Cover Art – Featuring Corneal Models, Theranostics and More

March’s Advanced Healthcare Materials covers

Advanced Healthcare Materials celebrates its 5th birthday this year! Since 2012 we have been bringing you the latest breakthroughs in biomedical materials science with a strong focus on improving human health, and we will continue to do so in 2017. Read more about this in our latest editorial.

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In this monthly feature, we highlight the artwork on the covers of both issues of Advanced Healthcare Materials, and of course the research behind it. You can find this month’s issues here and here. Click on the headers below to get to the corresponding papers. Also check out our previous monthly top-downloaded papers feature here.

Corneal Models

Patrik Danielson and his team at Umeå University in Sweden created a novel biomimetic 3D corneal model by optimizing the surface topography and mechanical strain, similar to the microenvironment of native cornea. Compared to traditional 2D culture conditions, this 3D culture model, in the form of a collagen-modified, silk fibroin-patterned construct subjected to 3% dome-shaped strain, further enhances the expression of keratocyte and ECM markers, and maintains the keratocyte phenotype, alignment and fusiform cell shape better.

A more extensive news article about this study can be found here.

Theranostics

The utilization of polymeric nanomaterials in combination with imaging- and/or therapy-related radionuclides holds a promising potential for cancer diagnosis and treatment. Holger Stephan, Martin Hrubý and their co-workers from institutes in Dresden (DE), Prague (CZ) and Nijmegen (NL) review the recent advances and emerging opportunities of tumor-targeted radiolabeled polymeric nanomaterials for both non-invasive imaging and treatment of cancer.

Oxidative Stress

Inanc Ortac, Emilia Olson, Robert Mattrey and their team at the University of California, San Diego introduce an intravenously injectable probe to label sites of oxidative injury in vivo. The probe they developed is a nanoparticle platform, enzymatically catalyzing H2O2 to water and oxygen, producing microbubbles detectable by a clinical ultrasound system. They demonstrate the functionality of 200 nm nanoparticles in vivo in a rat ischemic renal injury model.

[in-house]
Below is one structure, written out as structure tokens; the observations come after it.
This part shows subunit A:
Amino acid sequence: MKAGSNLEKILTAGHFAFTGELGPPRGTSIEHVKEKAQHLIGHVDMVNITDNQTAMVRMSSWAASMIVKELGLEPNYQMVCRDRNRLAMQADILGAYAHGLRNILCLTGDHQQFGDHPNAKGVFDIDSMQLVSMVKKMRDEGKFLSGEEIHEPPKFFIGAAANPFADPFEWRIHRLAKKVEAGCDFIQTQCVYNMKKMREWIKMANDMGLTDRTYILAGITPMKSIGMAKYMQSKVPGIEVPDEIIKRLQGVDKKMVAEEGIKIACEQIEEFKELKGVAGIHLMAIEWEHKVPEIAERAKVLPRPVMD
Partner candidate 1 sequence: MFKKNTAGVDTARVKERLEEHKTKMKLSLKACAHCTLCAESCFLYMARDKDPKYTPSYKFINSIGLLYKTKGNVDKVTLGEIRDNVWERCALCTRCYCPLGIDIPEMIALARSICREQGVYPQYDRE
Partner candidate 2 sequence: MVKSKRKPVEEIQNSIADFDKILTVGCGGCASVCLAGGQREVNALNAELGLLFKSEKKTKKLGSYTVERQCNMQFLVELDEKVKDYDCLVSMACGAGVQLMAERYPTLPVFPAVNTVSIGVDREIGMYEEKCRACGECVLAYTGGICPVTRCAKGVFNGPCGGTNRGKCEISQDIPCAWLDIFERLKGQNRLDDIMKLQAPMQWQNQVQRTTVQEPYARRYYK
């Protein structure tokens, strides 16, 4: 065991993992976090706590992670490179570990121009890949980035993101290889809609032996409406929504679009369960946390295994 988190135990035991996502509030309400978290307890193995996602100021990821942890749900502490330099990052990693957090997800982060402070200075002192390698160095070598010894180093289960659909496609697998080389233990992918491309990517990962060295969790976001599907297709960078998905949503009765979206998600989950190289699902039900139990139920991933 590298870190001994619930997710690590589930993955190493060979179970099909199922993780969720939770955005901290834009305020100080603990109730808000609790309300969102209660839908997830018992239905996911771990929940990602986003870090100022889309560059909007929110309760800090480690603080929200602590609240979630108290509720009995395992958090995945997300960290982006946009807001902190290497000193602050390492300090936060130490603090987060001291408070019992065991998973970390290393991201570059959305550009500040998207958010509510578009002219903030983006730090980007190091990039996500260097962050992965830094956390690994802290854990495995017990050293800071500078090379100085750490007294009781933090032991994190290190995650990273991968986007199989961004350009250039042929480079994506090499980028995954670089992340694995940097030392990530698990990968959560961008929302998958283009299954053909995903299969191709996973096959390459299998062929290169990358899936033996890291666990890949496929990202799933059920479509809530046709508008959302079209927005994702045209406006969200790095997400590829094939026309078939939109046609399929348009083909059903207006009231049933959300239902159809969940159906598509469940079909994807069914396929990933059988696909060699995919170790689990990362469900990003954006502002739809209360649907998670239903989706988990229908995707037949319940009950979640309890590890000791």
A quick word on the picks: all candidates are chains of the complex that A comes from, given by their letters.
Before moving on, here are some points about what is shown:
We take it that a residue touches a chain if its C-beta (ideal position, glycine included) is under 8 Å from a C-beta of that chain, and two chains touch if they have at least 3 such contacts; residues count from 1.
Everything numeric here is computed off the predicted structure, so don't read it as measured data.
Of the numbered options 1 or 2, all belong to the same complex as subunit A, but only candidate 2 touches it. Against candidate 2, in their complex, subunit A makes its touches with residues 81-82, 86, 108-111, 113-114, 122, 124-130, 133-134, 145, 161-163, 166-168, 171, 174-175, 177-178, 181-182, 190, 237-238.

Hydration Sensing

A wearable skin hydration sensor is developed by Yong Zhu, John Muth and their co-workers from the North Carolina State University. The sensor is made of silver nanowires inlaid in a silicone substrate, which renders the sensor flexible and stretchable. Integrated systems with multimodal sensing capability (e.g., hydration, strain/motion and electrophysiological sensing) are demonstrated in two form factors – wristband and chest patch.

A more extensive news article about this study can be found here.

Microfluidic Networks

John Rogers and his team at Northwestern University describe a “skin-like” microfluidic platform that bonds to the skin, collects and stores sweat in a time-sequenced set of chambers. Pressure induced by the sweat glands drives flow through a network of microchannels that incorporates capillary bursting valves for passively guiding sweat through different reservoirs in the system in sequential fashion.

A more extensive news article about this study can be found here.

Antibacterial Surfaces

A smart antibacterial mixed-membrane coating consisting of [email protected] nanoclusters-coated mesoporous silica nanoparticles, encapsulating antibacterial agents in an amphiphilic polymer matrix, is described by Niveen M. Khashab and co-workers from the King Abdullah University of Science and Technology in Saudi Arabia. The membrane successfully senses and inhibits bacterial contaminations on X-ray dental plates via a bacteria-responsive controlled release mechanism. The monitoring of the contamination is simply visualized under UV-light and demonstrates the applicability of the coating for biomedical devices.

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